Costa Rica - Monedas in Circulation
You may have noticed that my Blog sat relatively quiet last week, with only my usual Friday Fix posting popping up thanks to electronic editor Maggie Pahl. That's because I was traveling in Costa Rica with my eldest son's high school Spanish Club. We had a great time exploring the culture and getting to know the wonderfully friendly people of San Jose. This was a homestay visit, so we had the priviledge of experiencing first hand daily life, food and activities of our host families. Daily trips brought us to the rainforest for hikes, horseback riding, zip-lining, river cruises, beaches, volcano visits and hot springs. What a great and varied country!
On a numismatic note, I was careful to observe the currency and means of exchange in day to day practice. Seemed that most places in San Jose used Colones, while tourist venues had items and services priced sometimes in Colones and sometimes in U.S. Dollars. Some services, like the fishing boat my son and some friends chartered, insisted on payment in U.S. Dollars. In the larger cities like San Jose, debt cards were easily used, while out in the more rural areas cash was a necessity. Tourist centers, like Jaco, often accepted any of the three aforementioned means of exchange and would often round down to avoid giving out change. Of the current coins in circulation, the most often used are the 100 and 500 Colones. In any given day the most prominent coin piling up in anyones pocket will be the 100 Colones and I noticed dates from 1995, 1997, 1998, 1999 and 2000. The 100 Colones dated 2000 is a completely different type, with major changes to the arms and legend. The 1999 date 100 Colones has differences in the arms, which constitute a variety.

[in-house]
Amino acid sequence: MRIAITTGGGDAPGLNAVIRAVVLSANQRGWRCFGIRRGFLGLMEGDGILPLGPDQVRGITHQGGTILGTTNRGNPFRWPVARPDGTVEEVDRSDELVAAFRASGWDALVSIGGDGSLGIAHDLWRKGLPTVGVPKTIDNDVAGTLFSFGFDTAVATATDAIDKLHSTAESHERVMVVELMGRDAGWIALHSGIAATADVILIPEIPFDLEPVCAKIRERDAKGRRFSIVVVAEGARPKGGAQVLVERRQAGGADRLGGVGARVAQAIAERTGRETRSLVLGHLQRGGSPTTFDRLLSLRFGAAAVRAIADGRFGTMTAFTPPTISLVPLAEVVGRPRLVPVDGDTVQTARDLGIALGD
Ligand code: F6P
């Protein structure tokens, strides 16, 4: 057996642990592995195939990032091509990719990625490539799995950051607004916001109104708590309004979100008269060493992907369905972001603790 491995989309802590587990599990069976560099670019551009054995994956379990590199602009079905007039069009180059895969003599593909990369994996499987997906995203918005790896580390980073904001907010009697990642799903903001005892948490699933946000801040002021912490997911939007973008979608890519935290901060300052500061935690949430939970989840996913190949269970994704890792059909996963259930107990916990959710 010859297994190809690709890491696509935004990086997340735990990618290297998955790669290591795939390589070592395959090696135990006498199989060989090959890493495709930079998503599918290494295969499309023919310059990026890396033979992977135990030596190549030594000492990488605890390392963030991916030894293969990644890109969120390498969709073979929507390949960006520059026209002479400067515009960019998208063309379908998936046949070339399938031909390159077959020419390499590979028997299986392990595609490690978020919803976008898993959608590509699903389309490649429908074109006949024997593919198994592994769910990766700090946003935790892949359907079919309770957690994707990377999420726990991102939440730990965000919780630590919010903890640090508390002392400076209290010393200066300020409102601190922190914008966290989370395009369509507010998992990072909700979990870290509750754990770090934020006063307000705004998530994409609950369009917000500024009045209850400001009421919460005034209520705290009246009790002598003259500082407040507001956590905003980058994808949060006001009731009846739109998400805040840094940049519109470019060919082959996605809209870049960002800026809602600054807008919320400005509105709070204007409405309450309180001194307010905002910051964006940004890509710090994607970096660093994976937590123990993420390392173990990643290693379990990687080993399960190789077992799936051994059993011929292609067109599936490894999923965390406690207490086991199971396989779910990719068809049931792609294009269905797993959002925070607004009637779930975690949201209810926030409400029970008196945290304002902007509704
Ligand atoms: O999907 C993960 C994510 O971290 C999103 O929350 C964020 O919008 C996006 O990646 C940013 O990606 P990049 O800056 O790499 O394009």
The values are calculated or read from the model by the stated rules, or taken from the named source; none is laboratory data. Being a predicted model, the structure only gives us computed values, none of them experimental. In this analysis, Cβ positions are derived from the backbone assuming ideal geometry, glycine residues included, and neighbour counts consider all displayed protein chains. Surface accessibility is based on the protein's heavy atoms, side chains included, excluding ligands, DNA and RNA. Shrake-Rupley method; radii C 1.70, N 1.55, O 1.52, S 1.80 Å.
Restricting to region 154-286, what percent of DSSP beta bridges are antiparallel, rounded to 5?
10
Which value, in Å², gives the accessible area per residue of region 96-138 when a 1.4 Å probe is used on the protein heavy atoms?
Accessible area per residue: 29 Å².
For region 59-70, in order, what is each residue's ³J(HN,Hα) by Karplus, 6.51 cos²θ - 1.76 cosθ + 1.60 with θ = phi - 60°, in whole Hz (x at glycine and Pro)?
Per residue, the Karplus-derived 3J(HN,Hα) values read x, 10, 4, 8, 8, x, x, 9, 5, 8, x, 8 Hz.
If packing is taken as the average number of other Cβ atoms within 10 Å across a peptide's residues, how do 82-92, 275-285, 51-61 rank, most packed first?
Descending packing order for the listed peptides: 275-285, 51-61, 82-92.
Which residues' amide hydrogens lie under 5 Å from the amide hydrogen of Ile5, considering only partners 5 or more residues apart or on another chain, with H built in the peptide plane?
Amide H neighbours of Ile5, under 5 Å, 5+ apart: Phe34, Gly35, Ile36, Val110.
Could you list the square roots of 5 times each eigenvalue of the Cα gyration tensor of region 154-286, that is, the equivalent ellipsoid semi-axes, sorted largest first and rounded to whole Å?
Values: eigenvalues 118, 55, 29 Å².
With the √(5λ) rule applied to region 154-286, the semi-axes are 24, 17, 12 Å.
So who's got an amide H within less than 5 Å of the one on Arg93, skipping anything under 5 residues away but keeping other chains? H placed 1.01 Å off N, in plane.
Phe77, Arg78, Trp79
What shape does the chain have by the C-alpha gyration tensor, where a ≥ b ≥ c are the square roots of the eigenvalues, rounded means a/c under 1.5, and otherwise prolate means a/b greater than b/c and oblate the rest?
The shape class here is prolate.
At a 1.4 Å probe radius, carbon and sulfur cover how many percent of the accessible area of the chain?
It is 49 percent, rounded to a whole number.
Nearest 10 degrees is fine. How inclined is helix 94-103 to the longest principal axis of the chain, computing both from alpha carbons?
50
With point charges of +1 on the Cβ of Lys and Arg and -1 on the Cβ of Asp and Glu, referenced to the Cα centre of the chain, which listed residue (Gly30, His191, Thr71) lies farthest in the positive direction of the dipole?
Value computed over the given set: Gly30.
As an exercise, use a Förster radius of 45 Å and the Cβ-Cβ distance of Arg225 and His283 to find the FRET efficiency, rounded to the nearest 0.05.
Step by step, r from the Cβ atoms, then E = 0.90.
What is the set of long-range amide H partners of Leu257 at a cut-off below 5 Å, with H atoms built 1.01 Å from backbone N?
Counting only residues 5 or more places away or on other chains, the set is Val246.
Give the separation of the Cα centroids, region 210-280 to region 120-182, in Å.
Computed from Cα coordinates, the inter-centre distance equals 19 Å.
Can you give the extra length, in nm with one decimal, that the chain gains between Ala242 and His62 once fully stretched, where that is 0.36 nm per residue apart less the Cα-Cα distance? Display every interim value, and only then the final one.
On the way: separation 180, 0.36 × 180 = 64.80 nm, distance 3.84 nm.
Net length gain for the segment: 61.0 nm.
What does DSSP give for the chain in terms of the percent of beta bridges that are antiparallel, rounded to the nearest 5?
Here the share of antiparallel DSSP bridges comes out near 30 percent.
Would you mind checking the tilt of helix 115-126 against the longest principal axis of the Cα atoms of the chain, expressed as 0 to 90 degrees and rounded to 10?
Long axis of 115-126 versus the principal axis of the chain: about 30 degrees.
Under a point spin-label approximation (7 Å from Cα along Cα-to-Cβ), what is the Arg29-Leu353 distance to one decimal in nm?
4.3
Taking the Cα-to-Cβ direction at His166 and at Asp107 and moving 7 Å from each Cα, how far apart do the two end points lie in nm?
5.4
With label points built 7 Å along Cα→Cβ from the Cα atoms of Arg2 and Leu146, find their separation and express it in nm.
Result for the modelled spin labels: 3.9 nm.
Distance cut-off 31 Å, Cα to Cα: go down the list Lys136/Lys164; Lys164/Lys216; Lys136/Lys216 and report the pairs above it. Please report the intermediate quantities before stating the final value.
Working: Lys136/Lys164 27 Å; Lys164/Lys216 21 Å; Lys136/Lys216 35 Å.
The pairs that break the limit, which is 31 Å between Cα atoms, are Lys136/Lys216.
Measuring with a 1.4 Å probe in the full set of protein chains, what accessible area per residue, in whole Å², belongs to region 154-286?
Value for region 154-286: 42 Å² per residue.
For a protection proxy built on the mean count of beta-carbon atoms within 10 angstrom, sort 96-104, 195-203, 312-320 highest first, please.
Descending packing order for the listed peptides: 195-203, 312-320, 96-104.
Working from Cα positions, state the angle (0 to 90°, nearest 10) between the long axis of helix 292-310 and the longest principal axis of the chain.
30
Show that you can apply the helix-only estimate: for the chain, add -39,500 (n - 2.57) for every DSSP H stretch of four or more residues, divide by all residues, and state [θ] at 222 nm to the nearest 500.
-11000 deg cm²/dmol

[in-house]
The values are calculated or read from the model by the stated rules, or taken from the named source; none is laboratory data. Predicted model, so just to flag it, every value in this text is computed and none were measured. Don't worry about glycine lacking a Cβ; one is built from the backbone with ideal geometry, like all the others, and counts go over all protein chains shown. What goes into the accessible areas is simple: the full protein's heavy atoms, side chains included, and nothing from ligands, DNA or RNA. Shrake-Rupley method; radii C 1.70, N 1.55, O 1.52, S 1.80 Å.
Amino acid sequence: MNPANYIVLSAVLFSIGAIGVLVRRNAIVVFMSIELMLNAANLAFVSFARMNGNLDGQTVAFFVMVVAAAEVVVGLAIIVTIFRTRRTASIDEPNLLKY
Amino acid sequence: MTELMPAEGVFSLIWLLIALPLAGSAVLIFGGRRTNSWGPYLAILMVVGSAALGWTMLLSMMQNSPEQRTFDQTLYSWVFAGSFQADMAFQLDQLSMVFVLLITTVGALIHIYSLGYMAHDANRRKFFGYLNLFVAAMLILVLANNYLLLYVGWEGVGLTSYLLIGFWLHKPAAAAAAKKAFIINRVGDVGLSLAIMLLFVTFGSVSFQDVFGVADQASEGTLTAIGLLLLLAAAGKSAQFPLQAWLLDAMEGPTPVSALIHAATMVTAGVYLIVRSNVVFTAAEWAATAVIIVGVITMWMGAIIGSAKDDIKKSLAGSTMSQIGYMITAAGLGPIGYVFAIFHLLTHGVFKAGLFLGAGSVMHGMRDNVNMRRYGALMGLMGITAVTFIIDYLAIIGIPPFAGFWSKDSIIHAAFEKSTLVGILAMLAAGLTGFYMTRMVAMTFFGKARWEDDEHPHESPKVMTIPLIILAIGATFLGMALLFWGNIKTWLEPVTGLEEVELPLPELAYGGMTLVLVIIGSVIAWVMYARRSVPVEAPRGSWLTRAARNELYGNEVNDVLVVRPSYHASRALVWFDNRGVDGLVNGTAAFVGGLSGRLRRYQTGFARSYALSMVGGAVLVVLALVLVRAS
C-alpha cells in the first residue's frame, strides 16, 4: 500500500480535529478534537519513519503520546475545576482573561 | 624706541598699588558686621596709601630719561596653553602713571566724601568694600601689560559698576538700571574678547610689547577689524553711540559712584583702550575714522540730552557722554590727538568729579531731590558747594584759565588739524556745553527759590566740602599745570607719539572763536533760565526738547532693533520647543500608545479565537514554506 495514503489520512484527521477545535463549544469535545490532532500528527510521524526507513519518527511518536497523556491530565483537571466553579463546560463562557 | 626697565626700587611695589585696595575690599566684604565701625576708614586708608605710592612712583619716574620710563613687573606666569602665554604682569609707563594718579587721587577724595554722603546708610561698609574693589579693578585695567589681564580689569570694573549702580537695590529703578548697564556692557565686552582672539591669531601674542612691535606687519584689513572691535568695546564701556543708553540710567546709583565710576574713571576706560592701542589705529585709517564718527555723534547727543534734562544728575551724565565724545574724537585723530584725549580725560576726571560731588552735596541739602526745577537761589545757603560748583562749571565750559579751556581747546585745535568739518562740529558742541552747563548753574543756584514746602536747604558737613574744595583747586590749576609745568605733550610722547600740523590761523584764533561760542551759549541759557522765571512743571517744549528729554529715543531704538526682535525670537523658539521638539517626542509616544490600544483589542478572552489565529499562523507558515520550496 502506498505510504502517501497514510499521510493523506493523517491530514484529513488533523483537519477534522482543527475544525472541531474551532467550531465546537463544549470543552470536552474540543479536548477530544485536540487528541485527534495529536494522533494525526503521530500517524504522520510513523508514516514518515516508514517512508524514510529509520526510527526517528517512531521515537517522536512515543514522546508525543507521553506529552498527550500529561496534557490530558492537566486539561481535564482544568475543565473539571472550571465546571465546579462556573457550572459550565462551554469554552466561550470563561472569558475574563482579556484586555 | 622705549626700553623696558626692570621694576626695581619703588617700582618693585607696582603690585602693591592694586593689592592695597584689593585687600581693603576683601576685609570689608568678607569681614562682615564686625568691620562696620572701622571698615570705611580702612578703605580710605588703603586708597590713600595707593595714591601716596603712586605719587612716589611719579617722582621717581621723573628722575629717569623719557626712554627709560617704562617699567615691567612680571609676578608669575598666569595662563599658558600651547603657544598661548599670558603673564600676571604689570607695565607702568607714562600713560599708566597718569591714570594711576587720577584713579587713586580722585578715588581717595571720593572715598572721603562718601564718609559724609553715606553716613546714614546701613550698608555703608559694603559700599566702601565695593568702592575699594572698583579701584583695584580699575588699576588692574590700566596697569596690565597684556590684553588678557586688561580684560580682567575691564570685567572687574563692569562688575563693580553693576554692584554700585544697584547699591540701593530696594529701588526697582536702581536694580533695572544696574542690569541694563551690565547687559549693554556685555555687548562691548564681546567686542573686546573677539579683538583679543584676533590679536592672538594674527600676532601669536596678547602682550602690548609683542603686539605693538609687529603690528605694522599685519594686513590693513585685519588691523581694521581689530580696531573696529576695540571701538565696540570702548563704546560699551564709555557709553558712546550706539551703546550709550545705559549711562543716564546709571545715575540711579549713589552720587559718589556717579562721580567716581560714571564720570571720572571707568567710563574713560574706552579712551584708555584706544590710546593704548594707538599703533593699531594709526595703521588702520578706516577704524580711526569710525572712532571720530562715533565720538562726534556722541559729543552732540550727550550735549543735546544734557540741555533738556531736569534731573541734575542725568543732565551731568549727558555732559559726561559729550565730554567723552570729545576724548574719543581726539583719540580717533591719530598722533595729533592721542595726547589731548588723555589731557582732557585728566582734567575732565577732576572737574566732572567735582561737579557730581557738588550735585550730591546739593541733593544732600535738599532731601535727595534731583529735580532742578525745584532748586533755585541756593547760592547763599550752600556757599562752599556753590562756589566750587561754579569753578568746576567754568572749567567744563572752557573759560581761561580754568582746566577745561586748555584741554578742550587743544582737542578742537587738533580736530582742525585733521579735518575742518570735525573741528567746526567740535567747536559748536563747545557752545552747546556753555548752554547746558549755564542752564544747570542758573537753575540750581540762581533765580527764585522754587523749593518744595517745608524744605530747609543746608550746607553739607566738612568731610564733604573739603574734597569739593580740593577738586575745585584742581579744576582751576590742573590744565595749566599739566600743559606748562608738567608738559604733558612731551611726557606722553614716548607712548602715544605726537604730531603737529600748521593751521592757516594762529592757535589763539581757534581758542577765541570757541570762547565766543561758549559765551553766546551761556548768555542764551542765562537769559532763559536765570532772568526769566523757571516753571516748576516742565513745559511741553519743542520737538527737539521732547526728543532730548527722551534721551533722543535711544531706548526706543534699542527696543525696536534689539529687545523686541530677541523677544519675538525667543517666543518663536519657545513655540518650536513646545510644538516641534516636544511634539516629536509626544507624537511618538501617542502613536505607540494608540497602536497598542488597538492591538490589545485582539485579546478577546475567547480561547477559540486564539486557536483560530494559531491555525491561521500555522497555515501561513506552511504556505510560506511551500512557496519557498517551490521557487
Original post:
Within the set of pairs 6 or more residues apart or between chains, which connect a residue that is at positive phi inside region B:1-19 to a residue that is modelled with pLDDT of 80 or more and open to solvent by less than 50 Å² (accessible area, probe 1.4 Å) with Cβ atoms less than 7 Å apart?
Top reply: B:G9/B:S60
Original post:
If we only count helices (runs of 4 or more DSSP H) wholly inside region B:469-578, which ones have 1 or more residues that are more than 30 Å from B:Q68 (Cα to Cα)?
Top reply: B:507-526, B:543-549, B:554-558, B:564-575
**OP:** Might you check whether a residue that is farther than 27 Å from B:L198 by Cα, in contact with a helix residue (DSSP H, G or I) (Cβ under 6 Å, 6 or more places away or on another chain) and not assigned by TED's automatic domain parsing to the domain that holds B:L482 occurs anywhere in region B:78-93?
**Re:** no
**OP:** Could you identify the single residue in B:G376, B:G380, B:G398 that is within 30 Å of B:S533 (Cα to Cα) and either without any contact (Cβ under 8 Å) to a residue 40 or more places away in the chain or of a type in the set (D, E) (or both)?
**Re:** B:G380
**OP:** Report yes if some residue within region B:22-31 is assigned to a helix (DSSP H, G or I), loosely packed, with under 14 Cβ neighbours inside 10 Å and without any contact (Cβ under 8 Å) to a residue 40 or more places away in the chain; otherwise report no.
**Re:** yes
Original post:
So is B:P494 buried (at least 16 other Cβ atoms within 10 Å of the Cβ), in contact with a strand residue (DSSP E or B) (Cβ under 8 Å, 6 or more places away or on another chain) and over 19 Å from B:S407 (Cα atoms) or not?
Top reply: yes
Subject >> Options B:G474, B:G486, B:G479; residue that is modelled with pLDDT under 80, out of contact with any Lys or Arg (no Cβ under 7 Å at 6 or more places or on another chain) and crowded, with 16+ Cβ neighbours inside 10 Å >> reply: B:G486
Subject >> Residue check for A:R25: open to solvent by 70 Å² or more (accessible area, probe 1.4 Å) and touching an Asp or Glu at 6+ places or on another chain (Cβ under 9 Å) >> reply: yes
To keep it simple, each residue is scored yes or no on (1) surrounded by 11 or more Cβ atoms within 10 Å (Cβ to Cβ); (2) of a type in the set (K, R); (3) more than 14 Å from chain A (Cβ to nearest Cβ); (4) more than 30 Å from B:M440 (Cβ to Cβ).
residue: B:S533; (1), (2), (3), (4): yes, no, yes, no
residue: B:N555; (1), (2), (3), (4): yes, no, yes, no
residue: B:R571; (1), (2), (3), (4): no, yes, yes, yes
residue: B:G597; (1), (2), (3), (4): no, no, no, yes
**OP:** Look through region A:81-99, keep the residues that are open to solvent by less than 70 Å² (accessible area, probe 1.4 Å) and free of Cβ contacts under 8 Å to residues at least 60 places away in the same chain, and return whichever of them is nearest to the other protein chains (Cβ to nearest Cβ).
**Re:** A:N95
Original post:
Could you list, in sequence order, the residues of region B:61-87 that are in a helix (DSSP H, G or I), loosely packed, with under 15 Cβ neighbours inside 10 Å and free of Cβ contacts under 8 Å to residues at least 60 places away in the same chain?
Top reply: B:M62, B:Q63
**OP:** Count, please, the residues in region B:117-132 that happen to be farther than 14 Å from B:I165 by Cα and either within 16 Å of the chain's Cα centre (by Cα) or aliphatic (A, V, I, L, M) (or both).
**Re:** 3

The coin smaller denominations are not often given out. In fact, many cash registers only contained the 100 and 500 Colones and nothing smaller. In some places I did get change of smaller denominations; the 50 Colones from 1997, 1999 and 2002, the 25 Colones from 1995, 2001 and 2003, the 20 Colones from 1983 and 1985, 1988 and 1994, the 10 Colones from 1983, 1999 and 2002, the 5 Colones from 1985, 1989, 1993 and 2001, and of course the 2005 aluminum 5 and 10 Colones all turned up sometime during our stay. We also noticed that the 2000, 5000 and 10,000 Colones banknotes have become the core of most business transactions of consequence. The 1000 Colones notes were few and far between and all seen were very well worn and tattered, making us wonder if they are on their way out, with a new 1000 Colones coin possibly on the horizon?
My host family was so kind as to search through drawers and put together a group of some of the older, out of circulation coins for my collection. One recent coin they turned up, which no longer seems to circulate is the little brass 1 Colon of 1998. A pair of stainless steel pieces; a 1 Colon from 1993 and a 2 Colones from 1984, were located. Also found were a 10 Centimos of 1975, a nice aluminum 25 Centimos dated 1986 and a 1984 50 Centimos. One more fun fact that materialized during their search was when a pair copper-nickel of 5 Centimos dated 1976 and 1978 were pulled out of a large canvas bag and laid on the table for me. I asked what was contained in the remainder of the bag and discovered that the whole back was little copper-nickel 5 Centimos. My host family said they used these to ante up in various card games, like poker chips! What a wonderful paralell to our U.S. 1 cent coin, which is used for betting in social club card games with retirees to teenagers coast to coast!